“No,” Jenny replied, “but I do like the look of a pirate.”

“What’s the glass eye got to do with it?” I asked.

“Anything that’s a bit wrong,” Jenny explained, “I’m quite attracted to anything that’s a bit wrong.”

“Was your mother in a wheelchair?” I asked.

“No, Full-length calliper. It’s only one leg. She is really magnificent.”

“My mother only had one hand,” I said, “but she didn’t let it affect her. She seemed to be knitting all the time in my childhood. She used to play tennis when she was younger, which is actually quite difficult – You have to hold the racquet in one hand and have to throw the ball up in the air.”

“My mother was a tennis player,” said Jenny.

“My mother,” I said, “mostly hid the end of her left arm – because her parents had told her she shouldn’t show it.”

“Yes,” said Jenny. “It was slightly shameful. My mother told me that, after she got polio, her father assumed she would never marry.”

“I don’t think my mother expected to marry,” I said, “because she thought Who would marry a one-handed woman?

“And with my mother,” said Jenny, “it was Who would marry somebody with a great big leg iron?

“A pirate, perhaps?” I suggested.

“My dad,” said Jenny. “It was the only romantic thing he ever did. He was abroad when he heard it had happened. He got Compassionate Leave and hitch-hiked his way back from Aden or somewhere like that. She had been his girlfriend and then they’d fallen out. He was in the Army and went off to Aden. She went to a cinema in Blackpool and caught polio there. He heard about it and made his way back to Britain and to Blackpool Infirmary.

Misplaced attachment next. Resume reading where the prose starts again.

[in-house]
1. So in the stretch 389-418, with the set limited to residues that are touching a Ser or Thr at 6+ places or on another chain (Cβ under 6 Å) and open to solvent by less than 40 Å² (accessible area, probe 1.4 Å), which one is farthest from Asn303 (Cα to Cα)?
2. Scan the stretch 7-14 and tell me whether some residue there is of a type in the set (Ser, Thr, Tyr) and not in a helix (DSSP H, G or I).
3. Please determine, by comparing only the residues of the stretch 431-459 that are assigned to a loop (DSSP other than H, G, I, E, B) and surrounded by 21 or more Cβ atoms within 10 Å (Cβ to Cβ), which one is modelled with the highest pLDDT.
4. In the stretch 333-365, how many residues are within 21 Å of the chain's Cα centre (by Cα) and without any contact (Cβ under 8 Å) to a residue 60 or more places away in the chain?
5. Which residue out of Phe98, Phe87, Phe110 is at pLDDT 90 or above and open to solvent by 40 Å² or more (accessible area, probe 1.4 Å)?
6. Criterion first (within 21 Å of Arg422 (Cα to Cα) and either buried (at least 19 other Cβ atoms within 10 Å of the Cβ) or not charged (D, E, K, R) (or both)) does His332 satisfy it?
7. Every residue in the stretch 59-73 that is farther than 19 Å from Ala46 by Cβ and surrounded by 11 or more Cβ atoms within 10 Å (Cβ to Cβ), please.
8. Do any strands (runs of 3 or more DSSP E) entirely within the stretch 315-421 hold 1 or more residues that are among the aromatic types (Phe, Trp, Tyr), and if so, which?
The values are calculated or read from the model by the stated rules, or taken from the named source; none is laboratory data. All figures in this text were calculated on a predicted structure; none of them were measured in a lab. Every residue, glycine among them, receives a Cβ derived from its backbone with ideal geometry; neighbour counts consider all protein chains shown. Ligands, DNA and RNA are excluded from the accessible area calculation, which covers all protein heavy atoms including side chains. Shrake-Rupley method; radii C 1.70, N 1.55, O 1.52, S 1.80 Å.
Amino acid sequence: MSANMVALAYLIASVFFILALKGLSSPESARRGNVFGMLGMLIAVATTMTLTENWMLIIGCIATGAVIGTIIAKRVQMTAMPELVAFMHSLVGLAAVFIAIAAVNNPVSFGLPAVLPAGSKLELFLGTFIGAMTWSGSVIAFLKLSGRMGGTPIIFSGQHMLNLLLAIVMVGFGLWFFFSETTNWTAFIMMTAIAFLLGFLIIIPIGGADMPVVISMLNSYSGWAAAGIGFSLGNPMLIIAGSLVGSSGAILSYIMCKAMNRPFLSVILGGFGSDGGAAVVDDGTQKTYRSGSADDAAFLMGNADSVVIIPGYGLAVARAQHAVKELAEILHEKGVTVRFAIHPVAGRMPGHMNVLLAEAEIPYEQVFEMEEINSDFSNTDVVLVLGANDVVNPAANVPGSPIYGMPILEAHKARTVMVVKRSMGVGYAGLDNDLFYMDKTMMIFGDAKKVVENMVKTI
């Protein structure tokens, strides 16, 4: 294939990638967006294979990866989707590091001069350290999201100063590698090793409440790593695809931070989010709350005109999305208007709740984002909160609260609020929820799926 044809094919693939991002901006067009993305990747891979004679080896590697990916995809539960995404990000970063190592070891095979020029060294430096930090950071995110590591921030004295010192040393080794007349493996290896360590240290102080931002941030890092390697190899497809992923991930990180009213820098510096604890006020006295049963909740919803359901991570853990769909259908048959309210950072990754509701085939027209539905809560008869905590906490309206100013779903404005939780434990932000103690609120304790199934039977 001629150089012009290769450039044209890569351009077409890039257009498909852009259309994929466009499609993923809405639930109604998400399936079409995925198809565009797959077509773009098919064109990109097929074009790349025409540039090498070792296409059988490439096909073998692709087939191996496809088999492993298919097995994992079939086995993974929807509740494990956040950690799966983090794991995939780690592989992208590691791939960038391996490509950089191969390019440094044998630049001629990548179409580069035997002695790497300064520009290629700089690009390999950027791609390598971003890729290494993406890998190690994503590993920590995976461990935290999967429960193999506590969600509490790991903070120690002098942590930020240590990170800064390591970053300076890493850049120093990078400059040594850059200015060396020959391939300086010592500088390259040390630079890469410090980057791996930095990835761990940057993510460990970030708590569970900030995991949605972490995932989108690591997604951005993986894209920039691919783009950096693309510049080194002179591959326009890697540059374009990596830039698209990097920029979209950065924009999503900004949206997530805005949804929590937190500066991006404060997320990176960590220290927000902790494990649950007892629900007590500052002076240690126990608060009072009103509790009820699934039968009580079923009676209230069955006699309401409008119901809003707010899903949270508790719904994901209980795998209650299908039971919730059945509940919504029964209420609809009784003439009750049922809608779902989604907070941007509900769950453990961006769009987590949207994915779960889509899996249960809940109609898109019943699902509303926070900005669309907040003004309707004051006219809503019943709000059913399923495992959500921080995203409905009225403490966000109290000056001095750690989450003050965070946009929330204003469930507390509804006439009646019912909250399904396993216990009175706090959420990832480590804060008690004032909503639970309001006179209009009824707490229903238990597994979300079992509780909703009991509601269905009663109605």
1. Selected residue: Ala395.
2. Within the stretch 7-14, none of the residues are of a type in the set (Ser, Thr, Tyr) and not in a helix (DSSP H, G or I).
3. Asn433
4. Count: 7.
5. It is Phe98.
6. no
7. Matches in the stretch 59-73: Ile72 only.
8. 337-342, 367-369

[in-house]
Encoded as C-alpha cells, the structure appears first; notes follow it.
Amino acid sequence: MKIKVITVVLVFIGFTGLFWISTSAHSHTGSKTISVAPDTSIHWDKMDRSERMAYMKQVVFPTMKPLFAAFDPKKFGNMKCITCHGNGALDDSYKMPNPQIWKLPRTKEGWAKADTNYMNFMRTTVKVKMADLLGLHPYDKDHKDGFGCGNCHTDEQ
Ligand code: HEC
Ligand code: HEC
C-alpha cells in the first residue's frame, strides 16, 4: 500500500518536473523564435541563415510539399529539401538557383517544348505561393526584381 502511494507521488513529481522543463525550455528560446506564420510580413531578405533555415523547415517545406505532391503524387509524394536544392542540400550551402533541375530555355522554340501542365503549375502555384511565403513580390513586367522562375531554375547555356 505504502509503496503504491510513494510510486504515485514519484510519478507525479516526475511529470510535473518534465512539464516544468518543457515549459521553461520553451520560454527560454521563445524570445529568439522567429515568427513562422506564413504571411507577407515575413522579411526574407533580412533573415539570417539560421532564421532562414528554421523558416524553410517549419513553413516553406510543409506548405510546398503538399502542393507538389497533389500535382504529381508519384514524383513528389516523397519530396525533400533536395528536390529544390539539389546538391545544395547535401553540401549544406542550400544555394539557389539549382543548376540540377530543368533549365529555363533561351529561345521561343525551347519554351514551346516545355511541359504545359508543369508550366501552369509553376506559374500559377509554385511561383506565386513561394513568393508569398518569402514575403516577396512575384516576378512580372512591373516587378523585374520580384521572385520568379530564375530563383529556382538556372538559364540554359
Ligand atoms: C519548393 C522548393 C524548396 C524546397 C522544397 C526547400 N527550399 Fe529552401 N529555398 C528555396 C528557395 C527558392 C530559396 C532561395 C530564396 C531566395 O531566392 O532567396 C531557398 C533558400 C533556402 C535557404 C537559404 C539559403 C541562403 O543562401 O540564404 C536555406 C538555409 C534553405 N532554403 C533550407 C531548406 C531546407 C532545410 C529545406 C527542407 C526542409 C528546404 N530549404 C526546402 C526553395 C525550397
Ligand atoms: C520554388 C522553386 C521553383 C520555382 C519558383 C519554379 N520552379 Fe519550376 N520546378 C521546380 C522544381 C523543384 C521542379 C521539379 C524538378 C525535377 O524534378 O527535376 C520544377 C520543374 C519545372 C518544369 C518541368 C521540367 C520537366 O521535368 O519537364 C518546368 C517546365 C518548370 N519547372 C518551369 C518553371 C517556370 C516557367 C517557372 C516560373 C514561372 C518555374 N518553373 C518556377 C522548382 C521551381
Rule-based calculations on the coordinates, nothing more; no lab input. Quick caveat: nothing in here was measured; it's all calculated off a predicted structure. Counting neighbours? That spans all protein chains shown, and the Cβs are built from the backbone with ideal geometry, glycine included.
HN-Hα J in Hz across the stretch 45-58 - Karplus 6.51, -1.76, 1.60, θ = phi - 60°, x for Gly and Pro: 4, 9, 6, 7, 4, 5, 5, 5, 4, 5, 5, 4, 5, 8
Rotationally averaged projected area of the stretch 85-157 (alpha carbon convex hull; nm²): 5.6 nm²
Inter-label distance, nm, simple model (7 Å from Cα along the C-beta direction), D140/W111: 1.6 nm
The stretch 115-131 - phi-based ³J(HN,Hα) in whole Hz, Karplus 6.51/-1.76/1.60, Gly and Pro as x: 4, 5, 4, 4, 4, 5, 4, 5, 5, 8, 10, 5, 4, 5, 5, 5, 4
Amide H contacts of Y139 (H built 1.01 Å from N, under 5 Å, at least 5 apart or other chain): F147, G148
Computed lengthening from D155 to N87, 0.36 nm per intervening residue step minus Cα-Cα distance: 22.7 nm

“My grandmother was there and said: Derek, you can’t go in and he said Yes, I must and he saw my mother. She said I’ll never walk again and he said Yes you will – when you walk down the aisle to marry me.

“Aaaaaahhhhh…..” I said.

An example of a modern egg poacher

Example of a modern egg poacher, seldom seen as romantic

“I know,” said Jenny. “But he’d used all his romance up in that one sentence. In terms of romance, never anything again. He once bought her an egg-poaching pan for her birthday and said: Go on, June. I’d love some eggs…” They’re both very gung-ho and Northern and good fun. Both from Blackpool.”

“So you feel Blackpudlian?” I asked.

“Not really,” said Jenny.

“The place I feel most at home,” I said, “is Edinburgh, but I’ve never had a home there. I always had relatives there until recently, so I was visiting there every year as a child, probably since I was an embryo.”

“I feel Northern,” said Jenny, “I think it’s more to do with the sense of humour than anything else, I understand that quite graphic, broad, seaside postcardy humour.”

“Blackpool is seasidey,” I said. “Not like Manchester.”

“No,” agreed Jenny. “I went to drama school in Manchester. And Liverpool’s different again. But I wouldn’t leave London now.”